Snapshot

Markets

The cost of trying to time the market since 2001


David Brett

David Brett

Investment Writer

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“Buy low, sell high” – that’s every investor’s goal. However, it’s easier said than done. Especially if you’re trying to time the market, which is notoriously difficult, if not impossible.

It can also be costly. Our research shows just how costly it can be when you get the timing wrong.

Over two decades, mistimed decisions on an investment of just $1,000 could have cost you more than $2,000 worth of returns.

Our research examined the performance the MSCI Global Index, which reflects the performance of global stocks.

If at the beginning of 2001 you had invested $1,000 in the MSCI Global Index and left the investment alone for the next 19 years it might have been worth $3,071 by the end of 2019. (Bear in mind, of course, that past performance is no guarantee of future returns).

However, if you had tried to time your entry in and out of the market during that period and missed out on the index’s 30 best days you could have lost money.

The same $1,000 investment might now be worth $845 or $2,226 less, not adjusted for the effect of charges or inflation.

Over the last 19 years you could have made:

  • 6.1% per year if you stayed invested the whole time
  • 2.9% per year if you missed the 10 best days
  • 0.9% per year if you missed the 20 best days
  • -0.9% per year if you missed the 30 best days

As the figures show, there is a big difference to annual returns between being invested the whole time and missing even the 10 best days.

What a $1,000 investment in 2001 could be worth now

Time-in-the-market-global-msci-chart1-400911.jpg

Please remember that past performance is not a guide to future performance and may not be repeated. The value of investments and the income from them may go down as well as up and investors may not get back the amount originally invested.

Source: Schroders. Refinitive data correct as at 15 Jan 2020. Data is for all indexes displayed is for total returns, which includes price change and dividends.

When observing returns over long periods, investors should also bear in mind that markets can be volatile, with many fluctuations up and down during the timespan.

The last 19 years have included two of the biggest stock market crashes in history: the bursting of the internet bubble, known as the dot com crash, in 2001, and the subsequent recession, and the global financial crisis, which battered markets between 2007 and 2009.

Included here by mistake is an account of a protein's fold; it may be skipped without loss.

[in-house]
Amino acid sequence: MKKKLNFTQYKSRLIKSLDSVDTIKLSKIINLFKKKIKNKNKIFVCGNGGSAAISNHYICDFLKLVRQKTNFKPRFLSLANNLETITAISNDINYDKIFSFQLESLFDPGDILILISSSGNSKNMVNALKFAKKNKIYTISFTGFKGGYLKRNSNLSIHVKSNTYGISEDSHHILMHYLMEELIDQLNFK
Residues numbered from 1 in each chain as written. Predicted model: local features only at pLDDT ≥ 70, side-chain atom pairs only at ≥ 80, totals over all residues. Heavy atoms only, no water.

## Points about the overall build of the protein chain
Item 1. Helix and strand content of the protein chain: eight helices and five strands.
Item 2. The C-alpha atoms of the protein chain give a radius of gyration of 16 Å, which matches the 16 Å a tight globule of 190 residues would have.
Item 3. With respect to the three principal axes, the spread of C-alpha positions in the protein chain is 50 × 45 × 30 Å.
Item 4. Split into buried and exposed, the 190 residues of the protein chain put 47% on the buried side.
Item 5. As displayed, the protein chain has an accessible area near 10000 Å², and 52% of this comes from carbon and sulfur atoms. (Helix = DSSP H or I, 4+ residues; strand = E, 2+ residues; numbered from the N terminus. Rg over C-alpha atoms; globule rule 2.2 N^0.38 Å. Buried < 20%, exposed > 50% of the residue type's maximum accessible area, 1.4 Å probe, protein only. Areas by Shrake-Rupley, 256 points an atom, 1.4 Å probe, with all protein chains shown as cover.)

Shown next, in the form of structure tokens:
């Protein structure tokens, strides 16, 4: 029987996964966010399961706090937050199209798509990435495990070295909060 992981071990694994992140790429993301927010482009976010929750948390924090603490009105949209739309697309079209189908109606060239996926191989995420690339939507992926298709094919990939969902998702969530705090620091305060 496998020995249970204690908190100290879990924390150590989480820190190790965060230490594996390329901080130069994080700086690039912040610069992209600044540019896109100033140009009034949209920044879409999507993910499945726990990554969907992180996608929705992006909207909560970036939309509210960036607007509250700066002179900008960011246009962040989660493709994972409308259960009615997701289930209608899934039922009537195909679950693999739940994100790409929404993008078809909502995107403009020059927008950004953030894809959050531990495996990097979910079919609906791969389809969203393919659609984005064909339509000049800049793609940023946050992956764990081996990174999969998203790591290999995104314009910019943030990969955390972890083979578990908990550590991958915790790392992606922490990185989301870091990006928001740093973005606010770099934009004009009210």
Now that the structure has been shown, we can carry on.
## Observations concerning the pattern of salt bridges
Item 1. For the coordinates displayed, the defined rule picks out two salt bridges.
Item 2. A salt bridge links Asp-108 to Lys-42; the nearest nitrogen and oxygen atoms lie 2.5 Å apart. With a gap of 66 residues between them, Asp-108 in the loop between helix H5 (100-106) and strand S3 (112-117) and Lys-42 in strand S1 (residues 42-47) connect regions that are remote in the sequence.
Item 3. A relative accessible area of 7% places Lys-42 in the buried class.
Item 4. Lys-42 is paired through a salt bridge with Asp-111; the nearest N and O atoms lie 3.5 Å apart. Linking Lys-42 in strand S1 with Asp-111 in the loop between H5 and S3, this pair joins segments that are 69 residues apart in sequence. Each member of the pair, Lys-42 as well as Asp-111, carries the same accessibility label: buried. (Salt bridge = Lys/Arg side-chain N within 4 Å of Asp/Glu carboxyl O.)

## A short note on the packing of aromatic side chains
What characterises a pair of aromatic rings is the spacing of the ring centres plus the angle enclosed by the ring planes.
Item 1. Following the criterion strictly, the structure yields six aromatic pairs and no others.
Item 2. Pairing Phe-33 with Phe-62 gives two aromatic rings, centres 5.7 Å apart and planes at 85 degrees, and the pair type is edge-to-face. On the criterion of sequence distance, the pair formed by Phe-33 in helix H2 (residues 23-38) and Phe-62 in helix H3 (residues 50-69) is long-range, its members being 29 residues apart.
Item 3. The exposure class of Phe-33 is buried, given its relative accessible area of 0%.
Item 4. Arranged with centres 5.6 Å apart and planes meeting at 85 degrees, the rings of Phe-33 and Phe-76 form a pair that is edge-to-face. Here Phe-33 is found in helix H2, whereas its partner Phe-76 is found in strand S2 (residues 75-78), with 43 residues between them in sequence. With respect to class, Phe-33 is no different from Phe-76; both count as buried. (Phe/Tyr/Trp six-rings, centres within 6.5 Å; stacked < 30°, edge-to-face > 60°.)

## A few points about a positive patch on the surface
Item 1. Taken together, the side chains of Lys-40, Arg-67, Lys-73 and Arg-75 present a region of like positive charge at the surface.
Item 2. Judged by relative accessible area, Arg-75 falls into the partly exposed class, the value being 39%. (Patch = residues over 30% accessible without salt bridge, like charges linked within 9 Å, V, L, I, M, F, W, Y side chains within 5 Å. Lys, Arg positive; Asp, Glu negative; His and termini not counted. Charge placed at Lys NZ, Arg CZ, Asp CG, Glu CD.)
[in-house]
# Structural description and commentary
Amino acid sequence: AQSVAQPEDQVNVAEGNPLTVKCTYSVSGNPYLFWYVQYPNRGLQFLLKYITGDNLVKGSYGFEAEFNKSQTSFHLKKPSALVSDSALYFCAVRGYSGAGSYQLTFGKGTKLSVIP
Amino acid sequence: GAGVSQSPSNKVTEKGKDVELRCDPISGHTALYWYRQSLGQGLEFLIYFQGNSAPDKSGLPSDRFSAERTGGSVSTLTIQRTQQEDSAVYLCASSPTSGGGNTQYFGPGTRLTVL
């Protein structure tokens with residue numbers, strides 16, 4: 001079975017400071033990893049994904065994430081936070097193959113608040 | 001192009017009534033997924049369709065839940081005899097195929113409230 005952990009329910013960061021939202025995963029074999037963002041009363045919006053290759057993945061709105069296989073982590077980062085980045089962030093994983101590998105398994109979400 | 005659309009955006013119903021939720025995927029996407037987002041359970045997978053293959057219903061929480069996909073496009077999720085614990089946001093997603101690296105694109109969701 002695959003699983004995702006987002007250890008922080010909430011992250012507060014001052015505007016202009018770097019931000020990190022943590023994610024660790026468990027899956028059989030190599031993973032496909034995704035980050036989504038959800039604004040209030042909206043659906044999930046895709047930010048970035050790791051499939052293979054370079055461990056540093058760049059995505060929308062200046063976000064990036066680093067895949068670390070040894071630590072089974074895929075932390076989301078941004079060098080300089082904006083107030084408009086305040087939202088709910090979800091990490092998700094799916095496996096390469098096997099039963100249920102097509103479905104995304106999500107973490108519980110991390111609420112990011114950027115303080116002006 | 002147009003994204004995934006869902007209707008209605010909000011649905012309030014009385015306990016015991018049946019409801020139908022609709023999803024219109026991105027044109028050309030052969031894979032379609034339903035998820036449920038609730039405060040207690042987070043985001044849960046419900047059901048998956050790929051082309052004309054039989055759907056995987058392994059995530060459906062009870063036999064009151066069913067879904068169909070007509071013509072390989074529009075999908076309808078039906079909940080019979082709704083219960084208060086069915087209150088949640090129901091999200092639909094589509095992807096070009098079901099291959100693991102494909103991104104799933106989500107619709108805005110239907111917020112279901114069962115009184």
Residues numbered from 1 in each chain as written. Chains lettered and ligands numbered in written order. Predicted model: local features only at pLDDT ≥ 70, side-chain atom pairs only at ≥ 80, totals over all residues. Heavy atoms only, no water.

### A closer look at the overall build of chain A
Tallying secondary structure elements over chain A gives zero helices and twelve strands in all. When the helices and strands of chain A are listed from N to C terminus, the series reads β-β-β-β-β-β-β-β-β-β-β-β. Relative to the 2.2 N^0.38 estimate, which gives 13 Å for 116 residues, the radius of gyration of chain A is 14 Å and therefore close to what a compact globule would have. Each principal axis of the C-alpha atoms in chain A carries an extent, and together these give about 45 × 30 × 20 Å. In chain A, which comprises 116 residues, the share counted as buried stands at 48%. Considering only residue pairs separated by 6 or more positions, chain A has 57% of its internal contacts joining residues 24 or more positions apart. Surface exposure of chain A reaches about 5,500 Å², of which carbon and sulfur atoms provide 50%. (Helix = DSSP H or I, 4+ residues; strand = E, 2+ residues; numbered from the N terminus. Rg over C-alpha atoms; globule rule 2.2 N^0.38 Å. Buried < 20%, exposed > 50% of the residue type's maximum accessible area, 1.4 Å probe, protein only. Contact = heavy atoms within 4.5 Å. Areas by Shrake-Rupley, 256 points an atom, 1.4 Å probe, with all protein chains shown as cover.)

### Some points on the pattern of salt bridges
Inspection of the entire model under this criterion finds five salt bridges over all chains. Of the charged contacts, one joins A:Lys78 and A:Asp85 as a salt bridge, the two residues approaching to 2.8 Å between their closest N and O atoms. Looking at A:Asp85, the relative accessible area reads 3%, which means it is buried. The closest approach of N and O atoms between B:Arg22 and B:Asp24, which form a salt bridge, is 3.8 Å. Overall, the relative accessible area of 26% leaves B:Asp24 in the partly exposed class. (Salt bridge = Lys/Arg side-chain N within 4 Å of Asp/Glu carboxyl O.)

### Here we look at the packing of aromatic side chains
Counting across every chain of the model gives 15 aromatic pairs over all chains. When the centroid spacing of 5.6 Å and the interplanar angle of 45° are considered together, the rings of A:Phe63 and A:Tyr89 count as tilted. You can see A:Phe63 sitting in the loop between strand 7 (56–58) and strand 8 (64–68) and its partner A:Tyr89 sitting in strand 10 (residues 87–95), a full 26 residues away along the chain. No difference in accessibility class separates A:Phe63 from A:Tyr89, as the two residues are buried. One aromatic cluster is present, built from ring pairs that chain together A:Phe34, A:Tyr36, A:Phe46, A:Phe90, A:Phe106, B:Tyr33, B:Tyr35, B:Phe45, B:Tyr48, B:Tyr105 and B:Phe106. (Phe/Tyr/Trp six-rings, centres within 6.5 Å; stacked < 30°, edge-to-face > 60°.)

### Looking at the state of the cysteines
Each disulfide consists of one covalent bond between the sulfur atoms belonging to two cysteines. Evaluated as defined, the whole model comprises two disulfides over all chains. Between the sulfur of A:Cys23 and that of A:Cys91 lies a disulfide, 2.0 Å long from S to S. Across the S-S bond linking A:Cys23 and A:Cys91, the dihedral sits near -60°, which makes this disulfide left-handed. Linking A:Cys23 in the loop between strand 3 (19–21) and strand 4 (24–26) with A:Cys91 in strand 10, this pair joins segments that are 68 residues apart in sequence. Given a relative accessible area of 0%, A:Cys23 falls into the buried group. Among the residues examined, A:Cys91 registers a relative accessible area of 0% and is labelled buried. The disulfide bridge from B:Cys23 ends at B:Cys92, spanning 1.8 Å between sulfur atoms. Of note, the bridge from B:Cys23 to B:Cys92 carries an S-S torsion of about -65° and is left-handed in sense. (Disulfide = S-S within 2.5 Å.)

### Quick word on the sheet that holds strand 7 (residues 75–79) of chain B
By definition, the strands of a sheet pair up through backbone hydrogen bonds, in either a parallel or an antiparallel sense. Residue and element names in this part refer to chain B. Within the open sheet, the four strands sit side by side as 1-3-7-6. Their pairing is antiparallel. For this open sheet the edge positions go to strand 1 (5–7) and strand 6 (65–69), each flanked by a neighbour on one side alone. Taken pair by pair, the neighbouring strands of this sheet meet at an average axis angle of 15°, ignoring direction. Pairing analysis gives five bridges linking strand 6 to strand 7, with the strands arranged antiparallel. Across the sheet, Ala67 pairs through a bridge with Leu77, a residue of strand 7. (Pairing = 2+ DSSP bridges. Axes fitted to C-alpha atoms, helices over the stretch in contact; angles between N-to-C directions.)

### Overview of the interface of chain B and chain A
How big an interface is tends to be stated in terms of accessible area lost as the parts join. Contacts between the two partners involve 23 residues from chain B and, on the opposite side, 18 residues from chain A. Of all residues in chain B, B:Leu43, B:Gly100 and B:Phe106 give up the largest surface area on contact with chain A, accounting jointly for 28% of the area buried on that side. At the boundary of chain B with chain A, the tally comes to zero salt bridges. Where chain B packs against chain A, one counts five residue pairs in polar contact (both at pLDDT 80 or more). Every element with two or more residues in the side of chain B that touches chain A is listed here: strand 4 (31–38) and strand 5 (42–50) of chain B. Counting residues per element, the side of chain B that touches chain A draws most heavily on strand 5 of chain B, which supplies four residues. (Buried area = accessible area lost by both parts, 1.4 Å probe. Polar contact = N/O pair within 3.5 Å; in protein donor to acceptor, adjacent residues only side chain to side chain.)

The MSCI World: 2001-2019

Time-in-the-market-global-msci-chart2-400911.jpg

Source: Schroders. Refinitive data correct as at 15 Jan 2020. Data displayed is for MSCI Global Index total returns, which includes price change and dividends.

Nick Kirrage, a fund manager on the Schroders value investing team, said: “You would have been a pretty unlucky investor to have missed the 30 best days in 19 years of investing, but the figures make a point: trying to time the market can be very, very costly.

 “As investors we are often too emotional about the decisions we make: when markets dive, too many investors panic and sell; when shares have had a good spell, too many investors go on a buying spree.

 “At times over the last two decades you would have to have had nerves of steel as an investor.

“They have included some monumental stock market crashes including the bursting of the dotcom bubble at the turn of millennium and the financial crisis in 2008, to name but two.

“The irony is that historically many of the stock market’s best periods have tended to follow some of the worst days.

“It’s important to have a plan of how long you plan to stay invested, with that plan matching the goals of what you’re trying to achieve, be it money for retirement or your children’s university education. Then it's just a matter of sticking to it - don't let unchecked emotions derail your plans."

Speak to a financial adviser if you are unsure as to the suitability of your investment.

 

The views and opinions contained herein are those of the Authors, and may not necessarily represent views expressed or reflected in other Schroders communications, strategies or funds.

 

This document is intended to be for information purposes only. The material is not intended as an offer or solicitation for the purchase or sale of any financial instrument. The material is not intended to provide, and should not be relied on for, accounting, legal or tax advice, or investment recommendations. Information herein is believed to be reliable but Schroders does not warrant its completeness or accuracy. No responsibility can be accepted for errors of fact or opinion. Reliance should not be placed on the views and information in the document when taking individual investment and/or strategic decisions.

 

Past performance is not a reliable indicator of future results, prices of shares and the income from them may fall as well as rise and investors may not get back the amount originally invested.

 

Schroders has expressed its own views in this document and these may change (to be used if the 1st statement above is not being used).

 

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The forecasts stated in the document are the result of statistical modelling, based on a number of assumptions. Forecasts are subject to a high level of uncertainty regarding future economic and market factors that may affect actual future performance. The forecasts are provided to you for information purposes as at today’s date. Our assumptions may change materially with changes in underlying assumptions that may occur, among other things, as economic and market conditions change. We assume no obligation to provide you with updates or changes to this data as assumptions, economic and market conditions, models or other matters change.